Don't fret, bankruptcy won't shut your mall

Real estate experts say it will be business as usual at local malls despite General Growth Properties' Chapter 11 filing.

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By Parija B. Kavilanz, senior writer

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NEW YORK ( -- Experts say consumers are unlikely to see their area mall disappear after General Growth Properties, the second-largest mall owner in the country, filed for bankruptcy Thursday.

"It will be business as usual for consumers and stores in these malls," said Ivan Friedman, president & CEO of RCS Retail Real Estate Advisors

He also said that it's very rare for a mall to be shut down.

Chicago-based General Growth Properties (GGP), which owns more than 200 malls nationwide, was forced to seek bankruptcy protection after failing to raise capital to service its debt. Among its malls are South Street Seaport in New York, Water Tower Place in Chicago, Cumberland Mall in Georgia and Glendale Galleria in California.

Although real estate experts characterized GGP's situation as probably the single biggest commercial real estate bankruptcy in history, they expect that event will likely have "no implications" for consumers.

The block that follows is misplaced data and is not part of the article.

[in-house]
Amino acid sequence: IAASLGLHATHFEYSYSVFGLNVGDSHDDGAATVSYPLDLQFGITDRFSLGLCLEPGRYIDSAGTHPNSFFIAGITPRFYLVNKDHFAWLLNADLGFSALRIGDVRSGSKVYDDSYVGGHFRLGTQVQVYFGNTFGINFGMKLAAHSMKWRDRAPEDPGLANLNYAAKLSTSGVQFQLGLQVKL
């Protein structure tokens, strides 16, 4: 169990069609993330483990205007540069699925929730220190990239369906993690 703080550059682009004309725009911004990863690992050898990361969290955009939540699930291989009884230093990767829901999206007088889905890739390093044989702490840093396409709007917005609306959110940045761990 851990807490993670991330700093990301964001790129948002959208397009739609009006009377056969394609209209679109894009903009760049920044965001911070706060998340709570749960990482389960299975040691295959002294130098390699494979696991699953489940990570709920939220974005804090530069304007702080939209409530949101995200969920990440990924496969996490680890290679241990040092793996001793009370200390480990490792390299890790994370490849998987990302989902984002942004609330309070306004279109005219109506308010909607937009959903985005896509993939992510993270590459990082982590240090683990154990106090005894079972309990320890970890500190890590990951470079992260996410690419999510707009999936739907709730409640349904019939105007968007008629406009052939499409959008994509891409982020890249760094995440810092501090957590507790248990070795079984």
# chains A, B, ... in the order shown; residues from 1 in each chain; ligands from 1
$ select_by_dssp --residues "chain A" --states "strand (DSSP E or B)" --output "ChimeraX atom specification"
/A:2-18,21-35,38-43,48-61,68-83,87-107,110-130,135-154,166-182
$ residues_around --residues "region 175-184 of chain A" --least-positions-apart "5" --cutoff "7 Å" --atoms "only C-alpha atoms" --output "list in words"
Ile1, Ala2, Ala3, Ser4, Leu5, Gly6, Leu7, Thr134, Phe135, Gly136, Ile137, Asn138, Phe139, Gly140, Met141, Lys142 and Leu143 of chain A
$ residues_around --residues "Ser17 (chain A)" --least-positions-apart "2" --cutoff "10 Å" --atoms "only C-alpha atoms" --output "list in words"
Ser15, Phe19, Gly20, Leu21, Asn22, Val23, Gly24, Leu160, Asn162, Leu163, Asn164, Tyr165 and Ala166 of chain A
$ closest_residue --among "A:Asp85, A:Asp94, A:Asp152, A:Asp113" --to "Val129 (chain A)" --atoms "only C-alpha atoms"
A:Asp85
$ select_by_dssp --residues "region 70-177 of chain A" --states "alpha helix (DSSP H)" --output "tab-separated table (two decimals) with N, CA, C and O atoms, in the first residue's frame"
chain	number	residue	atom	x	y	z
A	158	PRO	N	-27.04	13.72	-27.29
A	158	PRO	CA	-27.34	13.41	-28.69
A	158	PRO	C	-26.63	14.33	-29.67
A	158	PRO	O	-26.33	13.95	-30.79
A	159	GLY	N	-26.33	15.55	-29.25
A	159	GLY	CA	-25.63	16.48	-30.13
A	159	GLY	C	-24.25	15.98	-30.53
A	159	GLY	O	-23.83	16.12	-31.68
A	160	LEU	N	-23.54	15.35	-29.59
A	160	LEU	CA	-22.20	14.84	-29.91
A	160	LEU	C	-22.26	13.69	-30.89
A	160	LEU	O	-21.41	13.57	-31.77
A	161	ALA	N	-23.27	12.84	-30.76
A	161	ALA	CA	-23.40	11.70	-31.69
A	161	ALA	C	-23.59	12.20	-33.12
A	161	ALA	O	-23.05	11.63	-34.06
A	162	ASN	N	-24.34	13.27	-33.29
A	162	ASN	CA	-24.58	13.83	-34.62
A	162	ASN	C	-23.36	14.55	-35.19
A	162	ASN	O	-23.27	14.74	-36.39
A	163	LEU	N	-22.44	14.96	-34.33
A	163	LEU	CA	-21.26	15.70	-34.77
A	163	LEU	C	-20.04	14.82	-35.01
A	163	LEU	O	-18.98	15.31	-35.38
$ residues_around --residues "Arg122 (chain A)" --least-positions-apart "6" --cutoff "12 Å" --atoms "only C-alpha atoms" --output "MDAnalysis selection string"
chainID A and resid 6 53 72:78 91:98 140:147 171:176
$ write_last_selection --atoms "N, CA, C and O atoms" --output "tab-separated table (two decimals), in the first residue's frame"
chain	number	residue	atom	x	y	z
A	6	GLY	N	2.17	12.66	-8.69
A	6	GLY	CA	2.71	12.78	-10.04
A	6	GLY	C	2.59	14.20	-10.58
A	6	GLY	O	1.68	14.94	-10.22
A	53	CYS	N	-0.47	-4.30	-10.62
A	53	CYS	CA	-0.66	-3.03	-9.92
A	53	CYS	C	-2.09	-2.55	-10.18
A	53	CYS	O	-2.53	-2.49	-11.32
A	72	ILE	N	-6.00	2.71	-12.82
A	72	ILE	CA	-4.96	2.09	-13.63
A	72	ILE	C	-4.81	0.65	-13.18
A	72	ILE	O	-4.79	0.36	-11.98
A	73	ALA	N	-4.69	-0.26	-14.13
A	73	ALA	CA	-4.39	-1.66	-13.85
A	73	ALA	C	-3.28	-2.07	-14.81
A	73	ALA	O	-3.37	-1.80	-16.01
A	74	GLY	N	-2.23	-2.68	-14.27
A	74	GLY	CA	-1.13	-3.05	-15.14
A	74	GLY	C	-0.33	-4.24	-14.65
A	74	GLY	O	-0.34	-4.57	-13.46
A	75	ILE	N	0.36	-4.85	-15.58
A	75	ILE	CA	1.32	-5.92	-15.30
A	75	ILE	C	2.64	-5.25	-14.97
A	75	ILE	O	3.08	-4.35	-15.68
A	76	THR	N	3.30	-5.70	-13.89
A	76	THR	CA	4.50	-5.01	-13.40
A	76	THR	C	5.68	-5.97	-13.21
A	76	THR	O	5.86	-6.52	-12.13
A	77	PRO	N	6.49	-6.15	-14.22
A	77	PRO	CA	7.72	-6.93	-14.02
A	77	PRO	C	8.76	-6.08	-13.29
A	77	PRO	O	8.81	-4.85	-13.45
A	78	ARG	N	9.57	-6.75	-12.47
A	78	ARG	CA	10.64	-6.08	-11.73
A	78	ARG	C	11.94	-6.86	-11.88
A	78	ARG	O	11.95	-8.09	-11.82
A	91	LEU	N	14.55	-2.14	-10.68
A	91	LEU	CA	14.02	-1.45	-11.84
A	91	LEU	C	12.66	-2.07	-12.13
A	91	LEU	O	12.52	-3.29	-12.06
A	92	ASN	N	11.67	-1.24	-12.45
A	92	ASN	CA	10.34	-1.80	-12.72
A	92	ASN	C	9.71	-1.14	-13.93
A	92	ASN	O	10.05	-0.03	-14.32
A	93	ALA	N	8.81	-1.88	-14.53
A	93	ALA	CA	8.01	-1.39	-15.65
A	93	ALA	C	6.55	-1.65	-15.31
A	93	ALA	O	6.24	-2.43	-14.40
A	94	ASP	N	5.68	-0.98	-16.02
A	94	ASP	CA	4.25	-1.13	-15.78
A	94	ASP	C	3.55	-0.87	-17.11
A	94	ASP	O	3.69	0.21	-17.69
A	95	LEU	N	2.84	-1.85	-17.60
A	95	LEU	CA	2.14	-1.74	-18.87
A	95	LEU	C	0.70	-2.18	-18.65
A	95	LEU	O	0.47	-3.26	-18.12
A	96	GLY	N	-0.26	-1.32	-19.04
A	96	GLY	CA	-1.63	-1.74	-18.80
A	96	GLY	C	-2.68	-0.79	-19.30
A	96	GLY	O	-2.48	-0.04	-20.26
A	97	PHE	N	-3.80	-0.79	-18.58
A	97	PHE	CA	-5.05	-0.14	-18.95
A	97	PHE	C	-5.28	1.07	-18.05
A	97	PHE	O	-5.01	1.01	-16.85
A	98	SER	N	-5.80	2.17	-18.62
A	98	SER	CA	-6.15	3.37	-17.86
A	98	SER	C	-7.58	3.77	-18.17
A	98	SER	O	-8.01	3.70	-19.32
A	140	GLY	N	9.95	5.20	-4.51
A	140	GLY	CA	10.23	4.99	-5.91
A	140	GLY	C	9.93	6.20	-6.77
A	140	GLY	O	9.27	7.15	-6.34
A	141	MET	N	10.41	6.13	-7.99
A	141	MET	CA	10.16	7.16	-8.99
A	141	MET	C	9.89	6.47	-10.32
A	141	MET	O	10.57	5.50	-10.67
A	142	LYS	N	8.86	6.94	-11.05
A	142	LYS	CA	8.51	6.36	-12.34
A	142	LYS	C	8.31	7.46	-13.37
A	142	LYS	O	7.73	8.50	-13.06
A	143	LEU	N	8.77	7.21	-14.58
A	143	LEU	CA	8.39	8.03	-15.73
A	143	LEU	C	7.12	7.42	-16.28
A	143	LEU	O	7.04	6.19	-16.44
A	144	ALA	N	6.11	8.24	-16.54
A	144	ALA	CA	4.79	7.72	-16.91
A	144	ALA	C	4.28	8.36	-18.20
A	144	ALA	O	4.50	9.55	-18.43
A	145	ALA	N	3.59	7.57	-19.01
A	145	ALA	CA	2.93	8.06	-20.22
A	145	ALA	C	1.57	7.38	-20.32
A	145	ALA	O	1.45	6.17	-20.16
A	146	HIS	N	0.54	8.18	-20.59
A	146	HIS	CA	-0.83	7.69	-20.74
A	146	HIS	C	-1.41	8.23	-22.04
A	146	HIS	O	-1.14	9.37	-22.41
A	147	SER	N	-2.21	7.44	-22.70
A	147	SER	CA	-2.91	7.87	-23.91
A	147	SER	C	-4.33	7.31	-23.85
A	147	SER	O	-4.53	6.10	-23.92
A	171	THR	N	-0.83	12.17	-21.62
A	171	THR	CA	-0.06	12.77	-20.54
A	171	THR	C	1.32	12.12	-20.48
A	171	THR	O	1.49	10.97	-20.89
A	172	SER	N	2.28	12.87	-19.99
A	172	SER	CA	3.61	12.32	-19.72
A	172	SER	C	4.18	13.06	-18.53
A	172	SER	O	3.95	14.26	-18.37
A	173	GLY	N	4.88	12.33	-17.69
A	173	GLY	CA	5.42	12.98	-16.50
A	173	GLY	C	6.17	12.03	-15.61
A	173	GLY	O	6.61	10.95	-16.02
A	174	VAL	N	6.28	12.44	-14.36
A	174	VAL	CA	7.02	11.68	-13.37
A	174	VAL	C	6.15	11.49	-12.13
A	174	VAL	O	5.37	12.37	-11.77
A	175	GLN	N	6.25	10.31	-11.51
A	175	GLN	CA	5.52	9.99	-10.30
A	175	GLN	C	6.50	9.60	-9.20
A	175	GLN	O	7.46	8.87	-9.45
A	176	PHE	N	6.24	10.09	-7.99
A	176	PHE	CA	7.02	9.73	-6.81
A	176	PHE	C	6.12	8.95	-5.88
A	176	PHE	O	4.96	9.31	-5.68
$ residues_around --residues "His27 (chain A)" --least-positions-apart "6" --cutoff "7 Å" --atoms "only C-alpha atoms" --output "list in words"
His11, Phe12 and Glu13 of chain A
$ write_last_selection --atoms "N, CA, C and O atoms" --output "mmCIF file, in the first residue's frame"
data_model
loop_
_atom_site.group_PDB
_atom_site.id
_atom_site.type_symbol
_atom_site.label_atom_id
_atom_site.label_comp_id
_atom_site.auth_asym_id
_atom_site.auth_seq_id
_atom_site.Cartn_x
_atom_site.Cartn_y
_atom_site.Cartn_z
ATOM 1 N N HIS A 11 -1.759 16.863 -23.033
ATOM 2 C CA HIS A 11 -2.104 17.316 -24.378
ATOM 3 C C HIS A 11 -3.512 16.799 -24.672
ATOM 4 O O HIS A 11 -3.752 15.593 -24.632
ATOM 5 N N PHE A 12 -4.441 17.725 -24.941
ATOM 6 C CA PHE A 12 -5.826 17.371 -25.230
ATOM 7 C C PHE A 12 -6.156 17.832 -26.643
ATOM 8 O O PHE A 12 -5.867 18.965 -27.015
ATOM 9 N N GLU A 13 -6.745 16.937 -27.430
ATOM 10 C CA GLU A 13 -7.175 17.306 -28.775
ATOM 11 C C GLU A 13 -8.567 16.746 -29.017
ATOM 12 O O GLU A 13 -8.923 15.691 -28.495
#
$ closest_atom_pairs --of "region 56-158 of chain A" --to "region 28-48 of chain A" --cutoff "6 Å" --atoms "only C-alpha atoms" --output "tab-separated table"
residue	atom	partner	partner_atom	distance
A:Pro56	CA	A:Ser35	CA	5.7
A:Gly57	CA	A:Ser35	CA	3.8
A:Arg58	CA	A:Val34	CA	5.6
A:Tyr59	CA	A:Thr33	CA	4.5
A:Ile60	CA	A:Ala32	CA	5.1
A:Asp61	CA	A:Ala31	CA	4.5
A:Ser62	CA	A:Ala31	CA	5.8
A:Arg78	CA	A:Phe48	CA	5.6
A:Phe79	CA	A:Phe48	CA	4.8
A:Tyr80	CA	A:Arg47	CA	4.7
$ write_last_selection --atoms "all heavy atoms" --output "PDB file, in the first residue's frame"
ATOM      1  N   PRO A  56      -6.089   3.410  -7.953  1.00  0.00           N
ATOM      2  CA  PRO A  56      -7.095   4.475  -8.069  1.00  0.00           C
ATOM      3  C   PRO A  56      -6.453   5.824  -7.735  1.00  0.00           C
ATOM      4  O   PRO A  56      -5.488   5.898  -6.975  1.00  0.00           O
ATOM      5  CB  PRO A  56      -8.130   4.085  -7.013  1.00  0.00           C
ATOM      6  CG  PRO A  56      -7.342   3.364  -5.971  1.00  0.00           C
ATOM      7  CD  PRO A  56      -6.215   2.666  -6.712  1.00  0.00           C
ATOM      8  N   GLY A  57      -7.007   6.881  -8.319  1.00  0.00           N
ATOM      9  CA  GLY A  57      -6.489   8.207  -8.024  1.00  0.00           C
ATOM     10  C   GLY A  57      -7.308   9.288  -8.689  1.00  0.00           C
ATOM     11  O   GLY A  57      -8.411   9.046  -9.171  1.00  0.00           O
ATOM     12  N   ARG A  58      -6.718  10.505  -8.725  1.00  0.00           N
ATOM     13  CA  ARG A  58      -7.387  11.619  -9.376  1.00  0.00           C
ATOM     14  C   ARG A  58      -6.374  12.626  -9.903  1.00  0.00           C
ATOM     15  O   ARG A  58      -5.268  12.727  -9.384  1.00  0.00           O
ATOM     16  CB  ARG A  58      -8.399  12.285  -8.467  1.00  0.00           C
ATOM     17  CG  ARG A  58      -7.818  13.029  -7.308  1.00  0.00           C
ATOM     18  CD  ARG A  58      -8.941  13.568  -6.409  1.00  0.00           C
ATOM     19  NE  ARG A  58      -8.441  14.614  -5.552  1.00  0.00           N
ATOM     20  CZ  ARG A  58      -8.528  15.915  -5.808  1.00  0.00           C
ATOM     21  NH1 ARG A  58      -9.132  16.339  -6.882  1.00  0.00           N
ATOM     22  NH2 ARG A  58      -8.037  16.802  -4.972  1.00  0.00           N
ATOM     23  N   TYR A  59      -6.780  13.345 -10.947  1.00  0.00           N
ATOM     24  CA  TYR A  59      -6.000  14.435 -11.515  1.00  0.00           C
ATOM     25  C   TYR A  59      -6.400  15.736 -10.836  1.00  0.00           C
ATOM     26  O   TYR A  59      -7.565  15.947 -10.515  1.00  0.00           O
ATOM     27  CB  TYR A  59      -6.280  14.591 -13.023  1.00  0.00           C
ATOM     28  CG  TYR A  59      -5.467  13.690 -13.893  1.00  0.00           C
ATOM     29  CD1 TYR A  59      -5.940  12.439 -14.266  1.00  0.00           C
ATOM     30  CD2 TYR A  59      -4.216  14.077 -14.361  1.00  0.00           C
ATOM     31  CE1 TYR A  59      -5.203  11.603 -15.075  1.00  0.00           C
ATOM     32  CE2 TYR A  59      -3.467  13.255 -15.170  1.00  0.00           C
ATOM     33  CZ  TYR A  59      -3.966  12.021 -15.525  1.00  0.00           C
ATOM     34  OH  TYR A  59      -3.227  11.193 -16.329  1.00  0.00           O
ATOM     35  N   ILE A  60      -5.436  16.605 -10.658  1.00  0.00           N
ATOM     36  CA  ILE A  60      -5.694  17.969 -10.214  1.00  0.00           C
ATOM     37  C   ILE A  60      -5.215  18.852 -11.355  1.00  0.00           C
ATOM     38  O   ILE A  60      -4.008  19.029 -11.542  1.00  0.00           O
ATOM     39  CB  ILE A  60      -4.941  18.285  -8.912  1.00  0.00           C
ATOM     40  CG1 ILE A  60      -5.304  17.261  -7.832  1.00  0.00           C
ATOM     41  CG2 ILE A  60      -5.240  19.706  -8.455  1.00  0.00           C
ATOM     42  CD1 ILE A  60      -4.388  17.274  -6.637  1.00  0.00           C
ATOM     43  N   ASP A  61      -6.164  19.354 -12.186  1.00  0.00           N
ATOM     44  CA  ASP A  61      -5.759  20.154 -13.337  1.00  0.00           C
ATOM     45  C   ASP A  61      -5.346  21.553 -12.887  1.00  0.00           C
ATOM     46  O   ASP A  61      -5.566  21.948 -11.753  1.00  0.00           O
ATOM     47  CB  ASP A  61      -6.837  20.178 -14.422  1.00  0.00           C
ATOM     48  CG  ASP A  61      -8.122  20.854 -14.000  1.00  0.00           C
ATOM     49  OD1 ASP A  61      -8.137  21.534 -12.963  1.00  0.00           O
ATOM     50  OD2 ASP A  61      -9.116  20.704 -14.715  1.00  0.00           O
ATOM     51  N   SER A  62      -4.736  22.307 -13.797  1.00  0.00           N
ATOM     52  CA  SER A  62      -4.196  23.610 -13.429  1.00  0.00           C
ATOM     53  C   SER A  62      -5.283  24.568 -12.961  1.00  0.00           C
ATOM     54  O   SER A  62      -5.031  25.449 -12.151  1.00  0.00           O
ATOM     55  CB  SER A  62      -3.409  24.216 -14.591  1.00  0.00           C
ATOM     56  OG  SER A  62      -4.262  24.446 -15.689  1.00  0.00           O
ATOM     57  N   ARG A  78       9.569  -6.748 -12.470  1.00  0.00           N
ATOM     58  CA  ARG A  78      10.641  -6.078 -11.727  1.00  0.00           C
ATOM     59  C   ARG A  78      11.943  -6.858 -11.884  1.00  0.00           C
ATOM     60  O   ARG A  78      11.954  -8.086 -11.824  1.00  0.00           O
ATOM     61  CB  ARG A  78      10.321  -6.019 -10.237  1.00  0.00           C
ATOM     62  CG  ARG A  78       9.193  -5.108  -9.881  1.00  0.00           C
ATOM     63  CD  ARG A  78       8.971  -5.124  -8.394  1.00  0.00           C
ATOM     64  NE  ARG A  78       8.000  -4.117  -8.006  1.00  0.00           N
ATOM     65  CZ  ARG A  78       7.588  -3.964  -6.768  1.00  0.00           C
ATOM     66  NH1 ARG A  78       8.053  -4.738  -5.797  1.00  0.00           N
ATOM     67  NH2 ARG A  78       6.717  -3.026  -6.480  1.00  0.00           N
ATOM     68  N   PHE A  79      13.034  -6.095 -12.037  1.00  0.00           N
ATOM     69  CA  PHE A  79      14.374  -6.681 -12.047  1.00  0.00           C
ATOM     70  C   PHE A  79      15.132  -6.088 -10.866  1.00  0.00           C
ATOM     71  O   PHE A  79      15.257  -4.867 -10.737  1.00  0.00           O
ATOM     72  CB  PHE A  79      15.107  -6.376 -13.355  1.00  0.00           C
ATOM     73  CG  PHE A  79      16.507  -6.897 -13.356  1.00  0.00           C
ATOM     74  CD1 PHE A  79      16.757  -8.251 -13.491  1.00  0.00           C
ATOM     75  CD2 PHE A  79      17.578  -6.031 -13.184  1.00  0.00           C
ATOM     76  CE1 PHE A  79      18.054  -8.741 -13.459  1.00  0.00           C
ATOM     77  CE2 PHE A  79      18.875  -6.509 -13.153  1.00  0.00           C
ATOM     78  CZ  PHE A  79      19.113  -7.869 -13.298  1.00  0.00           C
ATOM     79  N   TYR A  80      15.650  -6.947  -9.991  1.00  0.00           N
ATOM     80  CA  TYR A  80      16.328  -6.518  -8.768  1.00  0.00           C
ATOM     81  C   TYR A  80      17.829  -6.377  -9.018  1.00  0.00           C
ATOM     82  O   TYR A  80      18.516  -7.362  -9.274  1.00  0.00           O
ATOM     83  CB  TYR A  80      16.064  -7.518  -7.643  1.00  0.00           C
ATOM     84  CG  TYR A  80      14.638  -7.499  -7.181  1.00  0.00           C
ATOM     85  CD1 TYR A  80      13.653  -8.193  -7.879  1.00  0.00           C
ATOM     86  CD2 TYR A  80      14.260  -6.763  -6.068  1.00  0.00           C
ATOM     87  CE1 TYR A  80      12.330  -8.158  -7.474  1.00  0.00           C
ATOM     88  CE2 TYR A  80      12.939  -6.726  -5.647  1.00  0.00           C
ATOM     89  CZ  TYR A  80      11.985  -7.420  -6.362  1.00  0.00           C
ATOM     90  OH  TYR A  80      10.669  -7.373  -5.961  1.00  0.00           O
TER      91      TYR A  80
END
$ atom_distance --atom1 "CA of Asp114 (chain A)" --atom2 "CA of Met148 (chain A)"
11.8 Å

Unlike retailers such as Circuit City and Linens 'N Things, which ultimately went out of business because their concept lost relevance with shoppers, Friedman and others said General Growth's problems are more finance-related rather than consumer-driven.

Also, at a time when mall vacancies are at record highs, "[GGPs] malls are still 90% occupied," said Victor Calanog, director of research with retail real estate firm Reis. "GGP operate fairly high-quality malls both in terms of locations and types of stores," he said.

Even if GGP puts some of its malls on the market as part of its restructuring efforts under Chapter 11, Calanog believes the company will ultimately find buyers because of their attractive locations.

Said Friedman, "GGP doesn't really have any weak malls in its portfolio. The malls will be around. The company isn't going out of business." To top of page

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